Kim Rinehart of the Ag 1st Insurance Agency in Hugoton talks to guests at Saturday’s Women in Agriculture Conference at the Seward County Activity Center about what types of crop insurance are available to producers and the risks and advantages of each type. L&T photo/Robert Pierce
By ROBERT PIERCE
• Leader & Times
EDITOR’S NOTE: This is the first in a series of stories pertaining to Seward County K-State Extension’s Women in Agriculture Conference Saturday at the Activity Center. Future articles will discuss tax preparation and farm succession planning.
While the cold of winter subsides outside, spring is a little less than two months away, and the sight of tractors and combines in fields will once again be a common one in the High Plains.
Most of what is produced from those fields will be harvested and taken to grain elevators in the area, but there is likely a small portion of those yields that may never be cut due to certain factors, in particular weather disasters.
Producers take losses on those crops, costing them a significant amount of money. This is where crop insurance comes into play.
Kim Rinehart of the Ag 1st Insurance Agency in Hugoton spoke Saturday at K-State Research and Extension’s Women in Agriculture Conference at the Seward County Activity Center about some of the types of insurance farmers can buy to protect their crops.
“There’s many types of crop insurance,” he said. “The most common type is federal crop insurance policies. They consist of yield protection and revenue protection and revenue protection with the harvest price exclusion. You may select from 50 to 85 percent levels of coverage.”
Rinehart said there are many other types of crop insurance policies, including those for livestock and dairy and privately-owned policies from various companies.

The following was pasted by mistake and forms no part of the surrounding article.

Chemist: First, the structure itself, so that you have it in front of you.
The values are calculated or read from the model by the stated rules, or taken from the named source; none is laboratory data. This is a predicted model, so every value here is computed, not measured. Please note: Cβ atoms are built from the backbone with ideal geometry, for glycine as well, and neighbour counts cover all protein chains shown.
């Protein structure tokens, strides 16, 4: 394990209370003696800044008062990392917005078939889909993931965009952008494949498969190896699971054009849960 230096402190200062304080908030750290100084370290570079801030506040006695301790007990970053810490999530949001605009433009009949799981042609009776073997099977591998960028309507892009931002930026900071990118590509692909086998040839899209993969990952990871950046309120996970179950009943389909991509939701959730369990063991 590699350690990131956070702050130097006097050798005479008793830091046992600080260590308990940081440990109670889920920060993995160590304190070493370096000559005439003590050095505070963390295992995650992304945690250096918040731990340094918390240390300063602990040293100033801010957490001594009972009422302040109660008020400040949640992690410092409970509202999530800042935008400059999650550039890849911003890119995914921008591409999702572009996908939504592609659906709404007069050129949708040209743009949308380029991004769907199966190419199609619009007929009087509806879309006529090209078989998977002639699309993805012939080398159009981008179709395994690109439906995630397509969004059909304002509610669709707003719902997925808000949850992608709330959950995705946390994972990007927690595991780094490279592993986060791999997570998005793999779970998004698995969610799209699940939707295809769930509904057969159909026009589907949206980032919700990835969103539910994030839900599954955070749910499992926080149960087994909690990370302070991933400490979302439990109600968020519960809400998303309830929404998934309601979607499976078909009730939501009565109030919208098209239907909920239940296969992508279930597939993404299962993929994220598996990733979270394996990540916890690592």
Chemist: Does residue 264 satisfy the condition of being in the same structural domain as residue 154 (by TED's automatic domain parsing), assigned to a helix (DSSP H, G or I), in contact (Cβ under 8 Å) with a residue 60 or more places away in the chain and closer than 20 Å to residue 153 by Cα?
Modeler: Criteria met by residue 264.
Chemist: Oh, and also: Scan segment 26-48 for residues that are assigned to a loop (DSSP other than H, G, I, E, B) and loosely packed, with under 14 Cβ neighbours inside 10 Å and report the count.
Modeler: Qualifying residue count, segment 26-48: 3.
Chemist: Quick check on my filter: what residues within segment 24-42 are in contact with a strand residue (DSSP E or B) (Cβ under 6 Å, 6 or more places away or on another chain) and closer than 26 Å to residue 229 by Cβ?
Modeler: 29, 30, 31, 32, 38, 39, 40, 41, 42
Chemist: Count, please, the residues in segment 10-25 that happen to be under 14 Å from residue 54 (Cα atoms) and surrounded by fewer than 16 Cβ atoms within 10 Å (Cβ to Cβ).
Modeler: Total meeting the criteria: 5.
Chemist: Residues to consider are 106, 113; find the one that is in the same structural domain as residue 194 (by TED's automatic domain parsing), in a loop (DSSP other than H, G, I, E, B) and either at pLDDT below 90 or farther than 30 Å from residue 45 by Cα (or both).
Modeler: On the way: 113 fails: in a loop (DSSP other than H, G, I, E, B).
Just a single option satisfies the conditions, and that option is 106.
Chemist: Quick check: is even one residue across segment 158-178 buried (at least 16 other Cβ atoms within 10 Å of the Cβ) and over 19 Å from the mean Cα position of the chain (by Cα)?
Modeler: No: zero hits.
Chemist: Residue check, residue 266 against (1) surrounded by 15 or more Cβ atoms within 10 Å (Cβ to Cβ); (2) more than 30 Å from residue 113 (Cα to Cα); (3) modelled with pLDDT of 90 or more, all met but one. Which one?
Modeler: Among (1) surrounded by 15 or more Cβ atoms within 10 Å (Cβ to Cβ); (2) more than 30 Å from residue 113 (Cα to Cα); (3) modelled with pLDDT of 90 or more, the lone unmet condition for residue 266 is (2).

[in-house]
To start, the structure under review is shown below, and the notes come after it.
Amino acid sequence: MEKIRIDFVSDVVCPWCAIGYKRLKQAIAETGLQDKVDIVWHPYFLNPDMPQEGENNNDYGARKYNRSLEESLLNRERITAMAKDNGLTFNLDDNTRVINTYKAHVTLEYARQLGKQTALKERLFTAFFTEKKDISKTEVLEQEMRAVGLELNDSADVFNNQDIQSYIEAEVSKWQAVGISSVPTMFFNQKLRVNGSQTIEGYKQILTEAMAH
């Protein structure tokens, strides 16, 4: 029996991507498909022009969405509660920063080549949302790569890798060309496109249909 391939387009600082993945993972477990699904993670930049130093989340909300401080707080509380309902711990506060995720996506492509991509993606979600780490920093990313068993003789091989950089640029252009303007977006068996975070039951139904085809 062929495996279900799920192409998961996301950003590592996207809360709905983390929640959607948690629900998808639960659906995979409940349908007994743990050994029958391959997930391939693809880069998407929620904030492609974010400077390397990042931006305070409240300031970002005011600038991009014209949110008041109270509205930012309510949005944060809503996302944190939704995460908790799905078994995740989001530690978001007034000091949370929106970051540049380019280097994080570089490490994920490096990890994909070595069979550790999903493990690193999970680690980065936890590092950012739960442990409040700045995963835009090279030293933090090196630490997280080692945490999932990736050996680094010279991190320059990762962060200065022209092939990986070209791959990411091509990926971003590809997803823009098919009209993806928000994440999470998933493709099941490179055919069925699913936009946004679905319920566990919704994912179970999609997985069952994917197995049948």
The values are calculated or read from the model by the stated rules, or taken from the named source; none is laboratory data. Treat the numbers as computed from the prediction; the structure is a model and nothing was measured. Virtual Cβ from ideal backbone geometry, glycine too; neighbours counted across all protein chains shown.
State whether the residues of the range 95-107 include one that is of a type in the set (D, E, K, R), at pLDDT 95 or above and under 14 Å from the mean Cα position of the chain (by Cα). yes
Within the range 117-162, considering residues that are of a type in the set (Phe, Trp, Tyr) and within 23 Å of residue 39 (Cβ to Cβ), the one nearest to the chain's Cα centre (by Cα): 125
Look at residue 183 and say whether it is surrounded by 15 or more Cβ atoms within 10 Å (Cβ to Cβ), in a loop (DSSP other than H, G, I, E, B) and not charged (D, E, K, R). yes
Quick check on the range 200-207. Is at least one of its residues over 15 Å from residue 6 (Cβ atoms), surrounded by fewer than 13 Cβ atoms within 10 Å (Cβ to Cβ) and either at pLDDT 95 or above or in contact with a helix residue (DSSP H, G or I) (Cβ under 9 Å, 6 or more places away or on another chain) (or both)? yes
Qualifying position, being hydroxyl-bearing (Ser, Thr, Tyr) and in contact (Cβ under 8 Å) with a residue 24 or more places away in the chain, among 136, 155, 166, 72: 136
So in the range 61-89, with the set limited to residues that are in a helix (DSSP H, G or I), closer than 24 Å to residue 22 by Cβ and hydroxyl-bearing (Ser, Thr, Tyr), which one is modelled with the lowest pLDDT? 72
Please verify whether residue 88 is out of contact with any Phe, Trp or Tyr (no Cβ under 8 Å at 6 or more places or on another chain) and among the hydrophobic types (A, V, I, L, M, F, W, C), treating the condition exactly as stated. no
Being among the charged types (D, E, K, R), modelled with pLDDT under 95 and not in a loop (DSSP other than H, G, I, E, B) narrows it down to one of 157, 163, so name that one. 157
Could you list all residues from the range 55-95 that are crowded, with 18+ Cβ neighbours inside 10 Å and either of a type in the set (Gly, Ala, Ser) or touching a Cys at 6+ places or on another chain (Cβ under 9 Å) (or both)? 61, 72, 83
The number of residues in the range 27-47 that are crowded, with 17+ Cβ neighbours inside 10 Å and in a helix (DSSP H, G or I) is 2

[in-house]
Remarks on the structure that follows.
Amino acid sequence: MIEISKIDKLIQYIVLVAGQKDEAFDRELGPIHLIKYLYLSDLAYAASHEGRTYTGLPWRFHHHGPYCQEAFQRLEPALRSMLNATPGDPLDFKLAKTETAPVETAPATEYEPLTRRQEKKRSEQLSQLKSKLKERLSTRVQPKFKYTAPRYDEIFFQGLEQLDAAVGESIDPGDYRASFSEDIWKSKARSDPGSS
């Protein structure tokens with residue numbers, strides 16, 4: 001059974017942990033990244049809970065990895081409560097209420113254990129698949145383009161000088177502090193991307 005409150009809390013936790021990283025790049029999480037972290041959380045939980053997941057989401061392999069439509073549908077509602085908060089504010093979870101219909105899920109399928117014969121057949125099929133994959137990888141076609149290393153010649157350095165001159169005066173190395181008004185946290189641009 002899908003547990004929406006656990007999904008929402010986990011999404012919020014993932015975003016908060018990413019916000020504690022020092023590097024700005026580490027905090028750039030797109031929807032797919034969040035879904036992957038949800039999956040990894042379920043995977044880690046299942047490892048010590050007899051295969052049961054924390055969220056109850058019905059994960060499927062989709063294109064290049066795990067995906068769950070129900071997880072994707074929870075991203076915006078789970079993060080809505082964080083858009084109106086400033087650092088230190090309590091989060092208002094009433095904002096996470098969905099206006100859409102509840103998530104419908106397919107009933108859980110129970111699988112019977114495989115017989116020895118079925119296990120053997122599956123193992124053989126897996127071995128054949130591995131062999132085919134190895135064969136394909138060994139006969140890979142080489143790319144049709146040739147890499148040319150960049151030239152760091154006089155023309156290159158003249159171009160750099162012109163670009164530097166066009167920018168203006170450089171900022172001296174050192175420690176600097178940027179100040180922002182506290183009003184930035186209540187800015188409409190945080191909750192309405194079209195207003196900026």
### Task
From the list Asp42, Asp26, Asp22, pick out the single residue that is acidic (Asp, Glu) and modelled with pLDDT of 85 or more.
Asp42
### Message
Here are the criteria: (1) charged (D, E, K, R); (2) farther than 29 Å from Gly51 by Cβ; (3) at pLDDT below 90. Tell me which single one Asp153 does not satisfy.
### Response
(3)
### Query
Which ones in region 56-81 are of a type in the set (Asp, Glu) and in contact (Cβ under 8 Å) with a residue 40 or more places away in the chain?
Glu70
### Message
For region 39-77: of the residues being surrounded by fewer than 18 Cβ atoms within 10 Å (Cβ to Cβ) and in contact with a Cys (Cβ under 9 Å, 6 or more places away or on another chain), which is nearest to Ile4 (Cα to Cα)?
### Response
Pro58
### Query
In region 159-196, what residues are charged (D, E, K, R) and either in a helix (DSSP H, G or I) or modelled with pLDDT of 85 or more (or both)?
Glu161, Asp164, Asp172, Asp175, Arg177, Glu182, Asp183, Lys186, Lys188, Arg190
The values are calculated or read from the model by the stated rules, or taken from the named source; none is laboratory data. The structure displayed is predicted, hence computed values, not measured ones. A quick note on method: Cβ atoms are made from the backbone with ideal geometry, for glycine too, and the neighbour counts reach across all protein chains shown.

He then compared the two types of federal crop insurance.
“The yield protection policy covers yield only at a determined price regardless of what the price movement is during the season, during the year. The revenue protection policies cover both price and yield. You could have a loss if the price goes down in the growing season, mainly during harvest. The third policy is a revenue protection with a harvest price exclusion. It covers yield and revenue, but it excludes the harvest price.”
With federal crop insurance, Rinehart said to determine a producer’s coverage, yield information is provided with a minimum of four years and building to a 10-year database called the Actual Production History.
“Once the 10-year database is established, it is maintained by the newest year coming on yield and the oldest one being removed,” he said.
Rinehart said a lot of changes are coming from Washington D.C. for crop insurance, one of which is cover crops.
“The government has finally decided that if you plant a cover crop out there, it is not a detriment because it’s not taking as much moisture as they thought it had in the past,” he said. “They have some new rules on that. I would suggest you talk to your agent one on one on that.”
There are likewise some new rules that could affect 2015 crops, and Rinehart said the 2014 milo crop could be affected as well. This, however, is only if the crop is destroyed prior to certain dates.
“Then, it will not affect your milo or sunflowers that you’re planting out on dry land,” he said.
Rinehart then talked about livestock and dairy insurance the federal government provides.
“With the livestock, it is a price protection only,” he said. “You can quote one out to 52 months. When November feeders hit $160 plus, we could go out and price a portion of that feeder contract and lock that price in.”
Buying a livestock insurance policy is a risk management option, and Rinehart said producers should always carefully consider how a policy will work in conjunction with their other risk management strategies to insure the best possible outcome.
“If you buy a livestock policy, you have to follow it till the end,” he said. “If you make some money in that policy, if it’s not there at the end, you won’t collect it.”